Context: In my question How did Olaf know?, I asked about a twist in the TV series A Series of Unfortunate Events, adapted from a book series of the same name.

My understanding: Twists, whether good (for protagonist/s) ones like deus ex machina or bad (for protagonist/s) ones, are bad (in writing) if they could not have been seen as plausible with prior information (In case relevant, do not assume the converse is true). Examples would be twists that involve violation's of Knox's 10 Commandments or twists that are 'insulting to the reader' from the Family Guy episode 'Three Kings', based on Stephen King's works.*

(*) Here, Stewie presents examples of twists that are bad (in writing) and good (for protagonist/s).

Stewie: No, no, no! This won't do, Paul. You can't just have Snuggly Jeff magically brought back to life by a child's wish. It's insulting to the reader!

Paul: What do you mean?

Stewie: Well, it's just bad story telling. Let's see ... How can I explain this to you? Did you ever see the movie Contact?

Paul: Yeah.

Stewie: So, like, they spent a trillion dollars building this mile high space machine and Jake Busey blows it up. So, now they're all like: "Oh, no. We can't use the space machine,” but then this other guy's like: "Hey, it just so happens, I built another identical trillion dollar space machine at my own expense, on the other side of the world." And we're supposed to believe no one noticed that? Well, I stood up in the theatre and I said: "No! You can't go into space because the machine already got blown up by Jake Cock-a-Doody Busey!" [throws papers in trash] Start over

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    TV Tropes has an entry for "Ass Pull" derived from the idiom "pull (something) out of (one's) ass" – vulgar slang meaning to completely fabricate or invent something; to draw something from little or no real evidence, facts, information, etc. tvtropes.org/pmwiki/pmwiki.php/Main/AssPull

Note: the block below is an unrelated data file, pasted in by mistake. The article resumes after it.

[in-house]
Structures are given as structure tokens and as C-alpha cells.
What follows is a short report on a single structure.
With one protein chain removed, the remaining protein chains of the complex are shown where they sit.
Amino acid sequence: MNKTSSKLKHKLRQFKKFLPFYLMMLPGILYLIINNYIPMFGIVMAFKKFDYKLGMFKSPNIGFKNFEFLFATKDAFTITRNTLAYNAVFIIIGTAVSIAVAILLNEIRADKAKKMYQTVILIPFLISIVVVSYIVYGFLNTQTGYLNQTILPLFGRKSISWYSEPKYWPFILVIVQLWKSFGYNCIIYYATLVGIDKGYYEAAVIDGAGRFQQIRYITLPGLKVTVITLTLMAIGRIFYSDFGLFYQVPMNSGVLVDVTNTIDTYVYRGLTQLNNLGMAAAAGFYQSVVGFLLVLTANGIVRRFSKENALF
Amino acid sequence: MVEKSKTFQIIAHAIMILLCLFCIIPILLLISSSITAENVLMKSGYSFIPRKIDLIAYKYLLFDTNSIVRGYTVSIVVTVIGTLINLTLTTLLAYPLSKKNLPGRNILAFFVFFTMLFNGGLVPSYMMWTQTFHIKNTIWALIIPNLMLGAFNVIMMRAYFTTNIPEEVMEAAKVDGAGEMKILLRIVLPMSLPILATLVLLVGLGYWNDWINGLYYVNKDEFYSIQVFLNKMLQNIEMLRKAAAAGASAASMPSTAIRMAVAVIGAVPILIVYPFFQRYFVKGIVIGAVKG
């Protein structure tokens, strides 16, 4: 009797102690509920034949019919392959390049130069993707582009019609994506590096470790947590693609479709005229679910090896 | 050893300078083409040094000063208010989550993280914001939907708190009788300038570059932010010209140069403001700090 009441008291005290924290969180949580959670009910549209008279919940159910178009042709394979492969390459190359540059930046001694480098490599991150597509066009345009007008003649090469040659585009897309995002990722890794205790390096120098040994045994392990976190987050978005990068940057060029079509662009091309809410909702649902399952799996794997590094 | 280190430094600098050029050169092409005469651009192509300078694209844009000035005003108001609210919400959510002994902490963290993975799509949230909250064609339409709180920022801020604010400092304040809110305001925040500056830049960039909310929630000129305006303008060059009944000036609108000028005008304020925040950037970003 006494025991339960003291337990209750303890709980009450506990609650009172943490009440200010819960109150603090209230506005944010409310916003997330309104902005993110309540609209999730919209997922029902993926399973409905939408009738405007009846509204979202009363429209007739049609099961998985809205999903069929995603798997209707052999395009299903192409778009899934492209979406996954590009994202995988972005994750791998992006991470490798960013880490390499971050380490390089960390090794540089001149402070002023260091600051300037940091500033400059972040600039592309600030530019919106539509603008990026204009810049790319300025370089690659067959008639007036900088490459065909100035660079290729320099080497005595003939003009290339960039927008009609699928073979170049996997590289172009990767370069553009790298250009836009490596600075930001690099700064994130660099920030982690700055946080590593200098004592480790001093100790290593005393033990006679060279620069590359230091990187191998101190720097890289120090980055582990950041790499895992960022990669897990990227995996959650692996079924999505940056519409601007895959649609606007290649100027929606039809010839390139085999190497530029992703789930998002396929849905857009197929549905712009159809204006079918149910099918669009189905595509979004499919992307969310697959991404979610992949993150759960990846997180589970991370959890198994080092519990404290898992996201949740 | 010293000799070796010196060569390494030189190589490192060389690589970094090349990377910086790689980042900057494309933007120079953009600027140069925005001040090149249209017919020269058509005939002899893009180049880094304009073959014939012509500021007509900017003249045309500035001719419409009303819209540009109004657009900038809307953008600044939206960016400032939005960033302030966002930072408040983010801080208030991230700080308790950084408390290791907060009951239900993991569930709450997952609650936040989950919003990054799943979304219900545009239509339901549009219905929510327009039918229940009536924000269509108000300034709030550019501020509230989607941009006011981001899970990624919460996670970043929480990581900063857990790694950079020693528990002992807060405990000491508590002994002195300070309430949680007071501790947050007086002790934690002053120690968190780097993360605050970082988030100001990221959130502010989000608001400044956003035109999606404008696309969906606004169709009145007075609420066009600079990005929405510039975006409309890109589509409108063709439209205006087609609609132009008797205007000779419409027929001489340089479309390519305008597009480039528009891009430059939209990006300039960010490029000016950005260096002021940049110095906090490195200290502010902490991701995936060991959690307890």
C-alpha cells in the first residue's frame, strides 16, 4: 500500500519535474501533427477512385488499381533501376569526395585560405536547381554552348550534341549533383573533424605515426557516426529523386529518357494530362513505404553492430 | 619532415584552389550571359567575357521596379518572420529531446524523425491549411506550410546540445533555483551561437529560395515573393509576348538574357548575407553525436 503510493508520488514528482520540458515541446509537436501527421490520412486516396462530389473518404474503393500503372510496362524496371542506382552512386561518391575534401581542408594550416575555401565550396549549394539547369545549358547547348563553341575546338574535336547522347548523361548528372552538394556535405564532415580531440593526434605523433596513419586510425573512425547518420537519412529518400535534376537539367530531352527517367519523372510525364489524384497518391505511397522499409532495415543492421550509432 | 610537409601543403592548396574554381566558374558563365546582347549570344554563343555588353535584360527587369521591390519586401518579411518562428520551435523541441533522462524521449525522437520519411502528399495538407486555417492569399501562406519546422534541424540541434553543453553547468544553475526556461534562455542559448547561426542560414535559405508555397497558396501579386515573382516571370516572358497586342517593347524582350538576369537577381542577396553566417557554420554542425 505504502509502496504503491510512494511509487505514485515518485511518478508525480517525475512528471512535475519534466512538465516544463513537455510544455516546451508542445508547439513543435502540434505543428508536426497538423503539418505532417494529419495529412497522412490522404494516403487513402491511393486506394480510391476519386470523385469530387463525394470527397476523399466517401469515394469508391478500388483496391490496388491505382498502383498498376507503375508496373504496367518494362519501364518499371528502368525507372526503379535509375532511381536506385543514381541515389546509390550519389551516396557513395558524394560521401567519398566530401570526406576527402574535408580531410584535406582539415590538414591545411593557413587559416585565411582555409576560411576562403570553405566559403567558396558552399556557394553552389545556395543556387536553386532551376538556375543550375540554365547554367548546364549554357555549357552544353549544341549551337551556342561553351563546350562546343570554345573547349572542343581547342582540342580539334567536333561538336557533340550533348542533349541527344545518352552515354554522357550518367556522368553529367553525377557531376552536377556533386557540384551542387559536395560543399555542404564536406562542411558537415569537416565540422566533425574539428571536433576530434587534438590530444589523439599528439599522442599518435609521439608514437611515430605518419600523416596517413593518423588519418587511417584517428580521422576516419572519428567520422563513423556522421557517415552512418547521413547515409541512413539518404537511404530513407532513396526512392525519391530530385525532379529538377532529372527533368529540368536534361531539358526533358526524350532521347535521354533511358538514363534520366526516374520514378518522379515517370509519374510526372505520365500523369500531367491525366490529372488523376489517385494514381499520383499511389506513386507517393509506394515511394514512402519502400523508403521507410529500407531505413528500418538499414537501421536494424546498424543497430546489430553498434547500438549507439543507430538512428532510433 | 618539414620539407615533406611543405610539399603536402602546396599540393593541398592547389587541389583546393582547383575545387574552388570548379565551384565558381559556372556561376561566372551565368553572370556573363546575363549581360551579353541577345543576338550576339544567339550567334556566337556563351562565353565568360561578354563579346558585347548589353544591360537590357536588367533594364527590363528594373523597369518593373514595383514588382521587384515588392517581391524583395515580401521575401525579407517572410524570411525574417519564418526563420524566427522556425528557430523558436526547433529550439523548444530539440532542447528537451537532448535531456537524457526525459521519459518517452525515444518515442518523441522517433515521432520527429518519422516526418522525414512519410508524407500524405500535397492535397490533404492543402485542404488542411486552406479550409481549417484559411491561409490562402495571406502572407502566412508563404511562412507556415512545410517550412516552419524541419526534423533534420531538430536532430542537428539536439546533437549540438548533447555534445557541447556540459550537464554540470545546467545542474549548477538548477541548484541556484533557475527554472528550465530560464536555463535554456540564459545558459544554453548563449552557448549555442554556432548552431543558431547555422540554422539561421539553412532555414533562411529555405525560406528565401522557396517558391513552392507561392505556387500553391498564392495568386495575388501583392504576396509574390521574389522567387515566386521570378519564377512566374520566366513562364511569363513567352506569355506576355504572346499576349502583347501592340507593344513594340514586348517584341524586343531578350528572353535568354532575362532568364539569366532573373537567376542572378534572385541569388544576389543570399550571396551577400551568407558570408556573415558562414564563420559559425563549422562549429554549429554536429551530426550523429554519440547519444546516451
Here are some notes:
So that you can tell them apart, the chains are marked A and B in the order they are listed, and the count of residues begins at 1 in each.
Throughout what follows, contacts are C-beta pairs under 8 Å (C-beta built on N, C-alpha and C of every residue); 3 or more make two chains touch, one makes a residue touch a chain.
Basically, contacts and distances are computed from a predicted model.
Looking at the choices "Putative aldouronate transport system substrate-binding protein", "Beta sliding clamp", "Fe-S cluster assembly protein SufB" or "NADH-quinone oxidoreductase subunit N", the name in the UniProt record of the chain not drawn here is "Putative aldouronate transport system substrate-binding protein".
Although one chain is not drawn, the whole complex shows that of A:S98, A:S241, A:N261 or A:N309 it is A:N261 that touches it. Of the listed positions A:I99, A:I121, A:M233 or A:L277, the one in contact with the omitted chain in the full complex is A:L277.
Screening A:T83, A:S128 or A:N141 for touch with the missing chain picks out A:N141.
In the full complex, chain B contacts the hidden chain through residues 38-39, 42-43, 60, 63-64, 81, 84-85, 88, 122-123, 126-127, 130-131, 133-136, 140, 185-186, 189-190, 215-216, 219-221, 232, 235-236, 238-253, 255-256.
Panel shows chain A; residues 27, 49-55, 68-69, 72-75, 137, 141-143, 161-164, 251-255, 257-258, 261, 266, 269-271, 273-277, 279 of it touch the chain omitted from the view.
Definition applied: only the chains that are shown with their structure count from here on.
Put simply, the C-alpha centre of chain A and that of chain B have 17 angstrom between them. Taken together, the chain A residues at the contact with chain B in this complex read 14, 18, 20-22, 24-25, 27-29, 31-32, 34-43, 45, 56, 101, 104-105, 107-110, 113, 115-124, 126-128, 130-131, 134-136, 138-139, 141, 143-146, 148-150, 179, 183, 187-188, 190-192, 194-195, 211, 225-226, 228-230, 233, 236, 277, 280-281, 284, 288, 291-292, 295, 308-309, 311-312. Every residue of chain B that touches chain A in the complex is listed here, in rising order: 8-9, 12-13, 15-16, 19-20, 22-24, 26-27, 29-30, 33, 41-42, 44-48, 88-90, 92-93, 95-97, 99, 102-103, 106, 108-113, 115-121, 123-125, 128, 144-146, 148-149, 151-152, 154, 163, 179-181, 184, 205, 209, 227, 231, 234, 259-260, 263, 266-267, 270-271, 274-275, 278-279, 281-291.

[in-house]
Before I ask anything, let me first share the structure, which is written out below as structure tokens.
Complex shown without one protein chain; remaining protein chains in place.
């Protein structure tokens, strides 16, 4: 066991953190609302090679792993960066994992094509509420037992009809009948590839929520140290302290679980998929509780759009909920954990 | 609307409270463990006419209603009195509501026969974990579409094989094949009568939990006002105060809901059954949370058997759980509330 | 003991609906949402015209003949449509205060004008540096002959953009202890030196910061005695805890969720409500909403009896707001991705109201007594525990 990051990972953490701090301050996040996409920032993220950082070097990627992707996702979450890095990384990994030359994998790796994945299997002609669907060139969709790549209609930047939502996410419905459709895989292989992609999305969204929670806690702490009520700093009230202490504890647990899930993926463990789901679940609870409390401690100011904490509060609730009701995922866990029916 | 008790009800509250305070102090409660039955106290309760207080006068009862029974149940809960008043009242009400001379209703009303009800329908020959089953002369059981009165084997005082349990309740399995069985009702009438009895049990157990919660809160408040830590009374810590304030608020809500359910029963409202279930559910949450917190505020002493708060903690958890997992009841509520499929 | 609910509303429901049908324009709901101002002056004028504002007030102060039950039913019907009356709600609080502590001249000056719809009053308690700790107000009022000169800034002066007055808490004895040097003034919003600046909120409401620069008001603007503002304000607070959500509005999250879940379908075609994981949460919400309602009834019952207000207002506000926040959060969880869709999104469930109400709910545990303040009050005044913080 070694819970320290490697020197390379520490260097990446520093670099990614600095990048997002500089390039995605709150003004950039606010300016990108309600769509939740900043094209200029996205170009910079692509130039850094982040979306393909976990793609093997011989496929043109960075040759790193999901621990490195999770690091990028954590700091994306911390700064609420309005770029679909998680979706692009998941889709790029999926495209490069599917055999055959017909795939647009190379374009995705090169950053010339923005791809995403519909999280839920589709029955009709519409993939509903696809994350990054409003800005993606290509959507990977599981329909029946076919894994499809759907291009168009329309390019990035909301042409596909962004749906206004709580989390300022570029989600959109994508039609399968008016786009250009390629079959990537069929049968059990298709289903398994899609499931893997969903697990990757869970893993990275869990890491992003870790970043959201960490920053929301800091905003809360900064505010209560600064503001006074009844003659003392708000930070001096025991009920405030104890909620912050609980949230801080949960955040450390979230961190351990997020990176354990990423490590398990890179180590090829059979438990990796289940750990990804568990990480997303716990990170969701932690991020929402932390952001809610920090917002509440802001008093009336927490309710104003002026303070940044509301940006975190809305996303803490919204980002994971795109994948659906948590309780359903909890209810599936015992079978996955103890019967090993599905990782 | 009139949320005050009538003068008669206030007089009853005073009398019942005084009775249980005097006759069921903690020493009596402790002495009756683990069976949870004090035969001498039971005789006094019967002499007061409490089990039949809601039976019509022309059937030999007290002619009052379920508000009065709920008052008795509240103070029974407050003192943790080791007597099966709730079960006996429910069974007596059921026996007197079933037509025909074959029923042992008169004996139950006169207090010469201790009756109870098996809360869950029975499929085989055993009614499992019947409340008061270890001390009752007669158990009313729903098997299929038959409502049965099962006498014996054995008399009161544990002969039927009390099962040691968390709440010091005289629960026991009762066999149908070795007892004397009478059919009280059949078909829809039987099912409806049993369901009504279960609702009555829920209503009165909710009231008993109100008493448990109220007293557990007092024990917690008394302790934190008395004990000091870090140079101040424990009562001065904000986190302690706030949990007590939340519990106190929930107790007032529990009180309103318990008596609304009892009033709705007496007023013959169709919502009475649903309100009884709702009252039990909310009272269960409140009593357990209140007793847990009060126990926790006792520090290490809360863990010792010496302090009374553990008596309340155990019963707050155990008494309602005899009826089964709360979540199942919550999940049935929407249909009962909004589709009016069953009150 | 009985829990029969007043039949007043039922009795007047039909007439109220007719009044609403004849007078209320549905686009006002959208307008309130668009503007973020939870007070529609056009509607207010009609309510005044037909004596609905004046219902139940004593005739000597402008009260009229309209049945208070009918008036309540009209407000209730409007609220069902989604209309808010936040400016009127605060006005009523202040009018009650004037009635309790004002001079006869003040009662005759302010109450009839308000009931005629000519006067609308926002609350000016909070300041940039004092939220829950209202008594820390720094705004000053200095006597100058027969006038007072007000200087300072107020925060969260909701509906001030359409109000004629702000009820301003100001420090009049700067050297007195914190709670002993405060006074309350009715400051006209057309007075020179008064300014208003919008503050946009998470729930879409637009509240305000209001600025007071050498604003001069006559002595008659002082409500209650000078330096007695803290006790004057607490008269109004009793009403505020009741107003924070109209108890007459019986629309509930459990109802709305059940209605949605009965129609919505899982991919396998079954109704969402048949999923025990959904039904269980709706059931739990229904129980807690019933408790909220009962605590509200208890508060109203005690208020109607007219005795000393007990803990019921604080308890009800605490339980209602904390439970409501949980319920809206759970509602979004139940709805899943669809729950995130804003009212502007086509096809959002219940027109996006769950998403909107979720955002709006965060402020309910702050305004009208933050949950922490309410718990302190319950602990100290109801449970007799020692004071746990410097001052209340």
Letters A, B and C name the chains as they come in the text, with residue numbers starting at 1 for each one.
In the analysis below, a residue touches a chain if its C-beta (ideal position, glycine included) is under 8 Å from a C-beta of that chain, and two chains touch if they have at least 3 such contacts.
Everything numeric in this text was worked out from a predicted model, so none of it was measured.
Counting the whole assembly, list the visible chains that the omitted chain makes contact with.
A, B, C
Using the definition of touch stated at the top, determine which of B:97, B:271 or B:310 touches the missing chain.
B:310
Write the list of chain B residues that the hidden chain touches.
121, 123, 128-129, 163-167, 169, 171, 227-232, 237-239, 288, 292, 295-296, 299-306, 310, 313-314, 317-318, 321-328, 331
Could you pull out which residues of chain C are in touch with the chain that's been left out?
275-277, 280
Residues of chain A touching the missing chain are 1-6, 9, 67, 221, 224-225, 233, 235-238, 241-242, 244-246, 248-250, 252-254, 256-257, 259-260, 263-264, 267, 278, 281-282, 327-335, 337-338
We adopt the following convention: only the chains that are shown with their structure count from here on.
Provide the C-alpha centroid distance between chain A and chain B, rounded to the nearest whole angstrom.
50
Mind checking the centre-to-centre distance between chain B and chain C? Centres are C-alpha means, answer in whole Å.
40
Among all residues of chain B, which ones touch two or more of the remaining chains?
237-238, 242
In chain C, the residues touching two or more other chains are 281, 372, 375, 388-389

– wetcircuit
    Apr 16, 2018 at 11:33
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    correct. Any idiom could work, and others might be more specific in context (as to randomness, or improbability, or laziness of the writer, etc). I'd also quibble with your use of "twist" in this case seems more like a "reveal", where a "twist" should make sense in that it alters the context (but not the facts) of everything that has come before. A "twist" superimposes two plots with the same events so a protagonist believes they are in one kind of story then discover they are in another after the twist. Looking back both stories have to be consistent with events.
    – wetcircuit
    Apr 16, 2018 at 12:52
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    The huge amount of off-topic context aside, I feel that the central question "what is this called" is a valid question. Apr 24, 2018 at 18:20
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    I'm no expert on the will of moderation but as I see things the objection seems to be that you question "looks" like it is about literary works when (as I see it) the core question is about what a thing is called. You could try a slimmer question and submit for reopening. Apr 26, 2018 at 18:06
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    I should add that I am itching to write an answer for this question. Apr 26, 2018 at 18:07

1 Answer 1


I call this a "reverse Chekov's Gun violation".

The playwright Anton Chekov is often quoted as saying:

If you say in the first chapter that there is a rifle hanging on the wall, in the second or third chapter it absolutely must go off. If it's not going to be fired, it shouldn't be hanging there.

The maxim is called "Checkov's gun". When a story has an element introduced early on that never becomes important later, I call that a "Chekov's Gun violation".

If a story has an element that is very important at the end and that element was not introduced earlier, I call it a "reverse Chekov's Gun violation".

As far as I know, I'm the only person who uses those phrases in that way, so perhaps this answer doesn't help you. But I strongly think these are good phrases to use for the situations in which I use them, so maybe this answer will be useful to others.

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